Pallone Statement at Health Subcommittee Markup of Opioid Bills
Energy and Commerce Ranking Member Frank Pallone, Jr. (D-NJ) today gave the following opening statement at a Health Subcommittee Markup of 12 bills to address our nation’s opioid abuse epidemic.
The subcommittee will mark up the following bills:
· H.R. 4978, Nurturing and Supporting Healthy Babies Act;
· H.R. 4641, To provide for the establishment of an inter-agency task force to review, modify, and update best practices for pain management and prescribing pain medication, and for other purposes;
· H.R. 3680, Co-Prescribing to Reduce Overdoses Act of 2015;
· H.R. 3691, Improving Treatment for Pregnant and Postpartum Women Act;
· H.R. 1818, Veteran Emergency Medical Technician Support Act;
· H.R. ____, Opioid Use Disorder Treatment Expansion and Modernization Act;
· H.R. 3250, DXM Abuse Prevention Act.
· H.R. 4969, John Thomas Decker Act of 2016;
· H.R. 4586, Lali’s Law;
· H.R. 4599, Reducing Unused Medications Act of 2016;
· H.R. 4976, Opioid Review Modernization Act; and
· H.R. ____, Examining Opioid Treatment Infrastructure Act of 2016.
Good afternoon. Today we are meeting to mark-up a number of different pieces of legislation related to the opioid abuse epidemic facing our nation. We’ve all come to know just how widespread and devastating this epidemic is.
Opioid addiction is an indiscriminate killer. Americans young and old, rich and poor, of all races and genders, and from all regions of the country are losing the fight against addiction.
Back home, about 256,000 New Jersey residents are addicted to heroin or prescription opioids. That’s nearly the same as the entire population of Newark, the largest city in the state.
New Jersey is not alone in this crisis. We know that nationwide, prescription opioid abuse has skyrocketed. Between 1999 and 2010, the death rate from prescription opioids more than quadrupled. In fact, every day, 78 families lose a loved one lost too soon due to an opioid-related overdose death.
It's important that we approach this issue as a public health crisis and work to get people the care they desperately need. I'm particularly concerned about the current gaps in access to treatment. There are serious barriers to treatment that must be addressed, such as a shortage of substance abuse providers, a lack of counseling and support services, and the pervasive stigma related to receiving treatment. I believe that if we do not address these issues in a comprehensive manner, we will continue to see overdose deaths and related outbreaks of HIV and Hepatitis C increase.
The bills being considered today address a range of issues related to the opioid epidemic. I strongly support these bipartisan legislative efforts to expand access to substance abuse treatment services, increase access to overdose reversal medication, improve provider education, and increase public awareness of the problems of substance abuse. However, while these are important steps forward, I want to make clear that I don’t think these efforts are enough. There is an urgent need to dedicate increased federal funding to help our communities combat this crisis, and I am disappointed that Congress has failed to provide resources proportionate to the severity of this crisis.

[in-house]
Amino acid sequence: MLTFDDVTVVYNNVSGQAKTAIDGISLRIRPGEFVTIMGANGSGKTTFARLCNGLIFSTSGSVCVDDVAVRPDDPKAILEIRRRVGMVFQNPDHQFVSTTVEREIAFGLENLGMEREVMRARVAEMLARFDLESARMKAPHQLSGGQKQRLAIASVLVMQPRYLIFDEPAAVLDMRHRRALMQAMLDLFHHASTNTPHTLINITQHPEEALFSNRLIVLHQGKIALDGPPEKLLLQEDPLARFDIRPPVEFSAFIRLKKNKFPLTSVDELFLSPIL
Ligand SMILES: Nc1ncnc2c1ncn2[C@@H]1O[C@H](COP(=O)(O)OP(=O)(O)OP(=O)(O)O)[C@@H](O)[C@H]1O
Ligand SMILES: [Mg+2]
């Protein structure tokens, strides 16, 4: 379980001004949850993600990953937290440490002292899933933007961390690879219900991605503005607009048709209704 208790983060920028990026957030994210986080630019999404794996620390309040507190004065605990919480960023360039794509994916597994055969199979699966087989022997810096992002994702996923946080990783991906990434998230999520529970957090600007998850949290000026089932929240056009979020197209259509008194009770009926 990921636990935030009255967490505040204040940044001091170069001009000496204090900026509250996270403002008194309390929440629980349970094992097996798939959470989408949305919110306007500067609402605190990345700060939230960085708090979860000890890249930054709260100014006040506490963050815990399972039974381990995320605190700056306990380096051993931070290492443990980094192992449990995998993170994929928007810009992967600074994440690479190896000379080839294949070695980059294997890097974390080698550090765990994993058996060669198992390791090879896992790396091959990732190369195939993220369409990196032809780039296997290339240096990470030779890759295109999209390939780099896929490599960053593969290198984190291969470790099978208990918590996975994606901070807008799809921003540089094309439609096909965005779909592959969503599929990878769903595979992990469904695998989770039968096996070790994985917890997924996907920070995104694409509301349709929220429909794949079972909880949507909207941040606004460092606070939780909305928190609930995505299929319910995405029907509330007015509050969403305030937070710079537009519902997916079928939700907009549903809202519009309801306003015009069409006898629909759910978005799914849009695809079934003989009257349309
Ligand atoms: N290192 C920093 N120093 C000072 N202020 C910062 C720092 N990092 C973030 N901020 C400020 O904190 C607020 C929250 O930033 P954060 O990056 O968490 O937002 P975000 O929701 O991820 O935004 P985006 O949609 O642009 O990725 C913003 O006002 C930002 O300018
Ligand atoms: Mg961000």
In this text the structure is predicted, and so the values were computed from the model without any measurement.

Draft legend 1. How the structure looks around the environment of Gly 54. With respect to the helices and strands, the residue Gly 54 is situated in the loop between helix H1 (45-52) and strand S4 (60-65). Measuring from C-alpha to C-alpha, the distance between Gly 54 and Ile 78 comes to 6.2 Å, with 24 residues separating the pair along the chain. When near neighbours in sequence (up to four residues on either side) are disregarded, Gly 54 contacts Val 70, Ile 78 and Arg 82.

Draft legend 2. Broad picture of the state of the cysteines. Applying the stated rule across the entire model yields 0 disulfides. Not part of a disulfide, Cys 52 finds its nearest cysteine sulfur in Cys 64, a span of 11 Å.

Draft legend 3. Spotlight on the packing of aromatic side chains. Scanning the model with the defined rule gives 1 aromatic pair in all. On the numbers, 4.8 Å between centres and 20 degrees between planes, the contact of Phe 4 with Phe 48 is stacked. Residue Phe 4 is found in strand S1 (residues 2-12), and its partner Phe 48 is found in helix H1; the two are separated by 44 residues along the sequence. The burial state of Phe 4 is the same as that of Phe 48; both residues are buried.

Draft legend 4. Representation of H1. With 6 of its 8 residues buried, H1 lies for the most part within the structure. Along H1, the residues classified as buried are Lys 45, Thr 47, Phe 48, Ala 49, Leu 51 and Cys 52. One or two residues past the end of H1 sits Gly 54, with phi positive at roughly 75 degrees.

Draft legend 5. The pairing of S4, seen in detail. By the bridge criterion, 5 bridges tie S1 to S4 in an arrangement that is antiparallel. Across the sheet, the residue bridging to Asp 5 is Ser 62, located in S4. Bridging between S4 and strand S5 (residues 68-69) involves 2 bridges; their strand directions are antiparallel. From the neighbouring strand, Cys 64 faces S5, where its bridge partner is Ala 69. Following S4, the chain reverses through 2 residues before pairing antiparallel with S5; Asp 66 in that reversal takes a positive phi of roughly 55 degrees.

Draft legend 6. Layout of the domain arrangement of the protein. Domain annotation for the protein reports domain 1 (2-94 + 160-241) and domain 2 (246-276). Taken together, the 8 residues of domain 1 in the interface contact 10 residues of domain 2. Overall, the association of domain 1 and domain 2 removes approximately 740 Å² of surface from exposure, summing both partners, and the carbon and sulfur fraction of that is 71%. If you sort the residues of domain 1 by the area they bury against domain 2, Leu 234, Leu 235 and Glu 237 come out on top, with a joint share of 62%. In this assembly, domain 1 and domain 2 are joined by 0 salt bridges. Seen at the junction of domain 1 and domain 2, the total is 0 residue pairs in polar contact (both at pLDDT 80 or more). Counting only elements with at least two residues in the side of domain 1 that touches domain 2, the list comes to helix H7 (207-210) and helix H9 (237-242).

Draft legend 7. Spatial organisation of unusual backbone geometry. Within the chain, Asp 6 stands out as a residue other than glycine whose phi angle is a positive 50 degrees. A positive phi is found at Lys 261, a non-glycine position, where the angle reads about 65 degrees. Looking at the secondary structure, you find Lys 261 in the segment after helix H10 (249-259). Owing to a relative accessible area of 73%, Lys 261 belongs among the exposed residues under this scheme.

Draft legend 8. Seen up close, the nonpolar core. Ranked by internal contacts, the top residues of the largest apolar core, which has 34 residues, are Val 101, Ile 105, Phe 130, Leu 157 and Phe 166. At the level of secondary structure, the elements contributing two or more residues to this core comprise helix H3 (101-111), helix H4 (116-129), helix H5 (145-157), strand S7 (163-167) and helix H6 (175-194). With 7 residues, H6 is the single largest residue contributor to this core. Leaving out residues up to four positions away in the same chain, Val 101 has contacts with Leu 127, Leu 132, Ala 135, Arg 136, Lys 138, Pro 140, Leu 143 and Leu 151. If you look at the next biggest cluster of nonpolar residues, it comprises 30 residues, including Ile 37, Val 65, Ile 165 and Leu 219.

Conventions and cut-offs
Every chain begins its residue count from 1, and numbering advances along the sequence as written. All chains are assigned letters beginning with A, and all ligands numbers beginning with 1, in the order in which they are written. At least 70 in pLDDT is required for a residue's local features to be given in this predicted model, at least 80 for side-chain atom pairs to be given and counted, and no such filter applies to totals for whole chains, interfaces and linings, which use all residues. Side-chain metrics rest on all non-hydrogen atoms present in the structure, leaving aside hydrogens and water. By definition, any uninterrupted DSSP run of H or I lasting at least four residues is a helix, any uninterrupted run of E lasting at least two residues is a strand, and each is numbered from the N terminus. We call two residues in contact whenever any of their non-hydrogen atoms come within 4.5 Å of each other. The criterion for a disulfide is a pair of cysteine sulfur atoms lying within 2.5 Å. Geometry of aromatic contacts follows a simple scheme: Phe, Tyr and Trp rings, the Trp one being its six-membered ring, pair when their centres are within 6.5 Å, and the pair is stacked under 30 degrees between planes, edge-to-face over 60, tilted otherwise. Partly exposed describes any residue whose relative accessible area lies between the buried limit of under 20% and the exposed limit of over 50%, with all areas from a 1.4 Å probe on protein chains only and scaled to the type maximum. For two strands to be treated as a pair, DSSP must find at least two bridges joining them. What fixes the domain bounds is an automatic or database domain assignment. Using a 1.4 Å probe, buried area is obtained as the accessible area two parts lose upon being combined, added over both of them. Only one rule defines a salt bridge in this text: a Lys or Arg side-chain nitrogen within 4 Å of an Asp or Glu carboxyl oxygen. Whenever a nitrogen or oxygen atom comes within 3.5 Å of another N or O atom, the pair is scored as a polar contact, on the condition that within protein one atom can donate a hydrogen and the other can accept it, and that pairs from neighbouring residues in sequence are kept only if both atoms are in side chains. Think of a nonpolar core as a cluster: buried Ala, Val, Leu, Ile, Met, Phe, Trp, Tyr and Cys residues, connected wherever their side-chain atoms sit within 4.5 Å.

Congressional Republicans continue to reject calls for increased resources, including President Obama’s request for a new, two-year, $1.1 billion mandatory investment to expand access to treatment for opioid addiction and close the treatment gap. Given my colleagues unwillingness to spend any significant federal resources, we have tried today to identify statutory and regulatory changes that promote expanded access to treatment and recovery services.
The policy that provides the best opportunity to expand access to treatment services without new federal funding is legislation to lift the cap on the number of patients that providers can treat with buprenorphine. Buprenorphine is a highly effective, evidence-based treatment for opioid addiction. However, currently doctors are only permitted to prescribe buprenorphine to up to 100 patients, resulting in patients who are on waitlists and cannot access treatment immediately. As with many medical conditions, timely access to treatment for opioid use disorders is absolutely crucial. Delays can mean dangerous opportunities for relapse, overdose, and even death.
The statutory and regulatory regime governing buprenorphine is outdated, anachronistic, and is hampering our response to our national crisis. We are asking doctors on the front lines battling this crisis to do so with one hand tied behind their backs. We have a responsibility to the individuals, families, and communities that are being shattered by opioid addiction to do everything within our power to combat the current crisis.
While H.R. 4981 makes an important step towards fulfilling that goal by raising the buprenorphine cap to 250 patients and providing prescribing authority to nurse practitioners and physician assistants, I think we can and should go further. I strongly urge my colleagues to support a higher cap than the one included in this legislation, and I will be introducing an amendment during the markup to accomplish this.
I’m sure most of us here can recall the heartbreaking story of a friend, family member, or constituent struggling with substance abuse. We owe it to these individuals and their families to do everything we can to pass meaningful legislation, provide adequate resources, and put a stop to the epidemic. Although I wish the legislation we are considering today provided more resources to address this problem, I’m pleased that we’re meeting today to consider these important bipartisan efforts, and I look forward to further action.
Thank you and with that I yield the remainder of my time.